We also have weekly standards meetings to go over new industry developments. If there’s something that we feel should be incorporated into our best practices, we make it a new standard and that gets rolled out to our clients over a few days or weeks.
Compliance Requirements & Tests
Sometimes our clients will ask us if they should be getting regular penetration tests on their system. Unless you have a regulatory requirement, that isn’t something that we do on a regular basis. That said, we do have some clients that need to meet specific security requirements like ISO 27,001, a SOC 2, or some other compliance requirement.
In those cases, we’ll bring in a third party to do a quarterly or annual penetration test, and do an assessment against those controls. We work with a third party because, even though we do everything required on a day-to-day basis, you can’t check your own work. So we always recommend a third party’s involvement if there is a regulatory requirement.
Insurance as a Cybersecurity Service
If you think your organization has been penetrated or compromised in some way, we’ll bring in the incident response team immediately. If you have cyber-insurance, which is a critical part of security, the insurance company probably has an incident response team. They’ll handle the initial cleanup. They’ll look into what happened, who did it, and what systems were compromised.
They’ll also have a public relations team to handle the PR side of it. If affected users need to be notified about a privacy breach, the insurance company can handle that.
The role of a cybersecurity service in the case of a breach includes coordinating with the incident response team. We give them access to the infrastructure and the tools that they need internally, within the infrastructure, to do that initial cleanup and figure out what happened.
Once the incident is contained, we get involved again to help rebuild the infrastructure and whatever changes need to happen.
Cybersecurity Service Standards
There are several different cybersecurity standards depending on your industry and compliance requirements.
One of the standards is ISO 27001, and another common one is SOC 2. Most organizations won’t put that in place unless they’re required to, either because of their clients or the industry they’re in.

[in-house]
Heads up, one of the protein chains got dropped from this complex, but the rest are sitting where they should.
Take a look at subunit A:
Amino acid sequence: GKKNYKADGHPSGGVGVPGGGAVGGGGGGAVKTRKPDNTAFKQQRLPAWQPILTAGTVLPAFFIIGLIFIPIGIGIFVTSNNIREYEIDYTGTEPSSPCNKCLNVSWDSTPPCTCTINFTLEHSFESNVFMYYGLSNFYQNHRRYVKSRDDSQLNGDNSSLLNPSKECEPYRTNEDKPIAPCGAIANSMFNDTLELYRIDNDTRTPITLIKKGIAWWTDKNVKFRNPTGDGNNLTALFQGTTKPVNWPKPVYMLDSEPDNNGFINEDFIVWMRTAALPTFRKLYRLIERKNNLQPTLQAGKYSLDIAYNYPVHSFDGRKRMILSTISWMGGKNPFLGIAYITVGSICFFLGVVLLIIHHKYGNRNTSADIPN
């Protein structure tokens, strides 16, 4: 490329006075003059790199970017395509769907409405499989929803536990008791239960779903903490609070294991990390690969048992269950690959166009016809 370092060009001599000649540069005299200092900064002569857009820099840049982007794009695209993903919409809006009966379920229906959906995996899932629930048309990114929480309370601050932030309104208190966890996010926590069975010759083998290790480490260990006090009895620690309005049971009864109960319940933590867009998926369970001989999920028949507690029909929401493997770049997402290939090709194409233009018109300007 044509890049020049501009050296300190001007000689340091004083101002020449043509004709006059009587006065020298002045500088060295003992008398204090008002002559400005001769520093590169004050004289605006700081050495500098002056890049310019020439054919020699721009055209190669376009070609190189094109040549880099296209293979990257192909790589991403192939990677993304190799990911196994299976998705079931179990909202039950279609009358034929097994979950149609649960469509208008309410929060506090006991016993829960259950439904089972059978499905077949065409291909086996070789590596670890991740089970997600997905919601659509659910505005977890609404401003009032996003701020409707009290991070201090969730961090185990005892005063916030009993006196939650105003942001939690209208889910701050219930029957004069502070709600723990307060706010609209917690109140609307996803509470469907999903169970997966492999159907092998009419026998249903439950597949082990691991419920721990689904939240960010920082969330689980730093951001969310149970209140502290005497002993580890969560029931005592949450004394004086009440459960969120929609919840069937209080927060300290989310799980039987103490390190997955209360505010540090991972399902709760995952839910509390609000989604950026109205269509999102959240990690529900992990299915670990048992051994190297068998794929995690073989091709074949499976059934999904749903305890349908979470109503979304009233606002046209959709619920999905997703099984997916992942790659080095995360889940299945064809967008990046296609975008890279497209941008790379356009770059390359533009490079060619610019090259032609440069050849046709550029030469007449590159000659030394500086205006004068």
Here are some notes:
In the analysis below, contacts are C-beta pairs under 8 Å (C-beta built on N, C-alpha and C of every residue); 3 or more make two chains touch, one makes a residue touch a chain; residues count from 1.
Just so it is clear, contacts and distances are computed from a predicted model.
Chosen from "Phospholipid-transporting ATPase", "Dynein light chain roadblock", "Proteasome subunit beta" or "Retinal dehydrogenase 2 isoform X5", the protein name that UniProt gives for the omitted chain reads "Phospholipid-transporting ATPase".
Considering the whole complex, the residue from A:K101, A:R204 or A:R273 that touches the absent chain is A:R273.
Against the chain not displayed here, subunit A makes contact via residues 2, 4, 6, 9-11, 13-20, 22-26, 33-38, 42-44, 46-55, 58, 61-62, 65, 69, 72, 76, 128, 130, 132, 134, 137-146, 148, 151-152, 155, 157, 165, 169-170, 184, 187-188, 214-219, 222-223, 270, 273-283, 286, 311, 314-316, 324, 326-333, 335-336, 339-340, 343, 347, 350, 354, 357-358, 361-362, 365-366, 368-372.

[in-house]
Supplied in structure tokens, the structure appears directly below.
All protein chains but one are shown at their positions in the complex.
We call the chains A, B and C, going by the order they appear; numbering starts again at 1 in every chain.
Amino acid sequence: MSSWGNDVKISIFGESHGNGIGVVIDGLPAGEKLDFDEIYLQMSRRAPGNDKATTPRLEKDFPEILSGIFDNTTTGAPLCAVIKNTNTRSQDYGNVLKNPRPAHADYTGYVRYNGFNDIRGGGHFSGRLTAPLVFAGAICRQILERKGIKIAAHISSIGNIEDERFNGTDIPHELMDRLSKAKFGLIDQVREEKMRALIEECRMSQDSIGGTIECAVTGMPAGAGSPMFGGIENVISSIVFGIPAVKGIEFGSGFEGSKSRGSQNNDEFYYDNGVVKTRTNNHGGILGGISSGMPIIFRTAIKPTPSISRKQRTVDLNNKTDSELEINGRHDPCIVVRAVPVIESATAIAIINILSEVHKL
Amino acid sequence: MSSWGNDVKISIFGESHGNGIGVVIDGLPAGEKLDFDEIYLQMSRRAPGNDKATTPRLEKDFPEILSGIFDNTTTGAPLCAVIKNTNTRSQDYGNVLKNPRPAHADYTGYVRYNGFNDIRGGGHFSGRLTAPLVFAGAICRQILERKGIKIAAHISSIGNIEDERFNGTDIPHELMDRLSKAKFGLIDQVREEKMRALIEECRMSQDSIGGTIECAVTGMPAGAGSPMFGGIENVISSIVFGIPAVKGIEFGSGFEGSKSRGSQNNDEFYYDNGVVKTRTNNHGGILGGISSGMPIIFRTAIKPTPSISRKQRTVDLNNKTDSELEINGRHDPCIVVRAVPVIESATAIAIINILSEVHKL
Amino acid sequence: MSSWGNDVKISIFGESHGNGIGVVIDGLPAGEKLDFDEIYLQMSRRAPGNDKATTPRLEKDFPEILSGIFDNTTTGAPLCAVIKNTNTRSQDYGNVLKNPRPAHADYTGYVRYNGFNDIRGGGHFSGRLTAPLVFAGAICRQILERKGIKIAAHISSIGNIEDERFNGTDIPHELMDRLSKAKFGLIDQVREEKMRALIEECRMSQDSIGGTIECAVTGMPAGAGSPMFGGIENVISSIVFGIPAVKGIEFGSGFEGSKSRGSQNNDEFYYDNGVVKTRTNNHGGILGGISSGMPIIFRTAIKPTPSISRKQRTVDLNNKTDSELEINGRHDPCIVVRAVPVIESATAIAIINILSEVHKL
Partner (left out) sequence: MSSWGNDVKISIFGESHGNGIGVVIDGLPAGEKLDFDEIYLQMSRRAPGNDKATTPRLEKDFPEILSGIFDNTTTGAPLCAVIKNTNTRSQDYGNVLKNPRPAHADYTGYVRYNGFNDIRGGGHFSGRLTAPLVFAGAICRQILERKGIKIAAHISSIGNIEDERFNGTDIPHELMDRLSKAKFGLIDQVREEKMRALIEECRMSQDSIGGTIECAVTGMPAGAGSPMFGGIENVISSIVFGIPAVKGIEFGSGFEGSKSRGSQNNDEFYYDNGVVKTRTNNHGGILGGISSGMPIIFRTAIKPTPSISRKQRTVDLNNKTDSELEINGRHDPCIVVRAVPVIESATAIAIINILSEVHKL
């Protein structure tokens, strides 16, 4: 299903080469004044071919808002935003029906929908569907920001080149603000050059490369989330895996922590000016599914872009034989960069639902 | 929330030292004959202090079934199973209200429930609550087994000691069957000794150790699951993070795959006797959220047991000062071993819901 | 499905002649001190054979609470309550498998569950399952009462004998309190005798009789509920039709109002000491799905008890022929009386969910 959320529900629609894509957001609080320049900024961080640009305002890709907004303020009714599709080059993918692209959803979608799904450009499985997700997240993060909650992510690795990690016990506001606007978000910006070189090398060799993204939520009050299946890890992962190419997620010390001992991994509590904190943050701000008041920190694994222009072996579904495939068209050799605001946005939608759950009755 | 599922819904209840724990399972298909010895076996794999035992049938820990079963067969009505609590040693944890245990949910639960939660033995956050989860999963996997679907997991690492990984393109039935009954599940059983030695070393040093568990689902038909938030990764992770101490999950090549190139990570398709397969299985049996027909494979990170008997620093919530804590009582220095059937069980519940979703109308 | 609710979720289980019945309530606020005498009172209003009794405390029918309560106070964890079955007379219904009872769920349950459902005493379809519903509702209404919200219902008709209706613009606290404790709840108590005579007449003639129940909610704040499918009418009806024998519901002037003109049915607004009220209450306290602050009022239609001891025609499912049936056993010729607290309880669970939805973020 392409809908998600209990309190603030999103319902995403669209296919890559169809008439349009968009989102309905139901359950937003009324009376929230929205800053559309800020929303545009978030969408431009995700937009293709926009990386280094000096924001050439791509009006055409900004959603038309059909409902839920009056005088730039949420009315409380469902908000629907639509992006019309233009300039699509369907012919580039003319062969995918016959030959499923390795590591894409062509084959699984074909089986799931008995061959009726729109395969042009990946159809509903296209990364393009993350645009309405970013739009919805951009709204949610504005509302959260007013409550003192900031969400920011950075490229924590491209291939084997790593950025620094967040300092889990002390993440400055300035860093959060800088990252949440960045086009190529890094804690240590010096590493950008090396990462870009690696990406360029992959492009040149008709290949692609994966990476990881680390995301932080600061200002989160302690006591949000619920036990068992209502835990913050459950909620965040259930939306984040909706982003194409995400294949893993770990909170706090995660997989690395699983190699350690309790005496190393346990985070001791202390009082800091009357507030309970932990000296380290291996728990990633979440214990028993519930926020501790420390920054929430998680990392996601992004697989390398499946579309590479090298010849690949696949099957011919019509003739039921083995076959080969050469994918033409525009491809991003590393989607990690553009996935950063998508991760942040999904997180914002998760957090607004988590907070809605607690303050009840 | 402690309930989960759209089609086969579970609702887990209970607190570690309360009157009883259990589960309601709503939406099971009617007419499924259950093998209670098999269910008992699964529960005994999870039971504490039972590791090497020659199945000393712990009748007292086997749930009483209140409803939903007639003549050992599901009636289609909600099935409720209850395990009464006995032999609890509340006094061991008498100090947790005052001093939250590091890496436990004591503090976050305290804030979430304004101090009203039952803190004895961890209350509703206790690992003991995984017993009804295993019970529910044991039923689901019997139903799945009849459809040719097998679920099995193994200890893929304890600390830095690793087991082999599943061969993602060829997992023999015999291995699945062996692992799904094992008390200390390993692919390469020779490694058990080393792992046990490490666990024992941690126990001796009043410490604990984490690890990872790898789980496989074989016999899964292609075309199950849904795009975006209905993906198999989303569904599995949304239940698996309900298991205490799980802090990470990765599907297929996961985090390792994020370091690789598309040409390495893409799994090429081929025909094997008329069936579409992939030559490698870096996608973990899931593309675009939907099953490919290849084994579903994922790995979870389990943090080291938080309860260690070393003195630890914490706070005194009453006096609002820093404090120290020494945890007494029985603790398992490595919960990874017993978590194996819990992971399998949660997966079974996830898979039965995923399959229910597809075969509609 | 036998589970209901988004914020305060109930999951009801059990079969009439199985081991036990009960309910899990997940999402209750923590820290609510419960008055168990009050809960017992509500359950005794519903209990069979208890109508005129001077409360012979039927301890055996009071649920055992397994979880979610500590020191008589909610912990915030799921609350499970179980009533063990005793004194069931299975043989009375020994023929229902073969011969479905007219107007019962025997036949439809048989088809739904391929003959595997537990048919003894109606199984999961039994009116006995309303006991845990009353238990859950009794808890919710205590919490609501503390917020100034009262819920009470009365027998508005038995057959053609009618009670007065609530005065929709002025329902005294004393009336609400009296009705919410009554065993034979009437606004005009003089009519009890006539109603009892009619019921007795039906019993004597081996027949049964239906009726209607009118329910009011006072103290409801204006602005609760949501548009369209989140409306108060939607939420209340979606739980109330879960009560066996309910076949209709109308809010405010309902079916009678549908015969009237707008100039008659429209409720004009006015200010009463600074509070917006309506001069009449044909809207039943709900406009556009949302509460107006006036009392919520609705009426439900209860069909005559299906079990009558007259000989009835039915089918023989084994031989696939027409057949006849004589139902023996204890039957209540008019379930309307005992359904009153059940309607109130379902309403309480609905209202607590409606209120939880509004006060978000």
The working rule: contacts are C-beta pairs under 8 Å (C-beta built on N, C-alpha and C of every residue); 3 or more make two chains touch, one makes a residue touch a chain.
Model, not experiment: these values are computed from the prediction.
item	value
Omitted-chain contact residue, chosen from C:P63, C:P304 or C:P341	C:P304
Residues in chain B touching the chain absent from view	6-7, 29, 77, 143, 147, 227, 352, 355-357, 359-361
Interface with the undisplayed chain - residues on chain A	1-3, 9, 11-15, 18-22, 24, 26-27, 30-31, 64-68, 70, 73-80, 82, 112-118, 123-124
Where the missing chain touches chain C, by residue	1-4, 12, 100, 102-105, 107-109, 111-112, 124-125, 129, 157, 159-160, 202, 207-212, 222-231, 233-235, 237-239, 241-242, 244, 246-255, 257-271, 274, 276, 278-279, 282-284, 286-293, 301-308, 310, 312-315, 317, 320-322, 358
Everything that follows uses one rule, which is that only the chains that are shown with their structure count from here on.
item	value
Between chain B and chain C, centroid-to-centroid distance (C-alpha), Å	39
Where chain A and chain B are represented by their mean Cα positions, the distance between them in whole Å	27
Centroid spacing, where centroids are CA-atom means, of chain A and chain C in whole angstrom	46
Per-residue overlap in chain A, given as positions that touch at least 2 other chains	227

If you need that, implementing those standards requires a lot of non-technical work as well. It requires some involvement from your side, including policies, procedures, and internal changes that need to happen. But we can help with implementation.
Cybersecurity Service Across Industries
CopperTree works across a broad variety of different industries, and it doesn’t really matter what industry you’re in. The technology that supports the companies we work with is all fundamentally similar.
You can walk into a manufacturing company, a law firm, a retail organization, or a construction company, and every one of them will have the same fundamental infrastructure. They have servers, networks, endpoints, backups, email, Wi-Fi, and all of those standards.
The primary difference between organizations is the software that they use. Every business has its own unique applications that work in their organization. Our best practices around security, however, can be applied to any industry and any organization.
CopperTree takes a holistic approach to IT security. We look at where the data lives and how it moves within the system. The approach to securing an on-premise server, for example, is different from securing a cloud server. That said, and you want your information to be secure in every scenario.
Also, if you’re connecting to your system through an unsecured public Wi-Fi network, for example, you need to secure your data against threats that arise from that.
There are a lot of different aspects to look at, but we try to maintain that holistic perspective. We look at all aspects of IT security, whether it’s on-premise, in the cloud, in a SaaS application, on your desktop, or wherever it might be. We make sure we’ve always got you covered.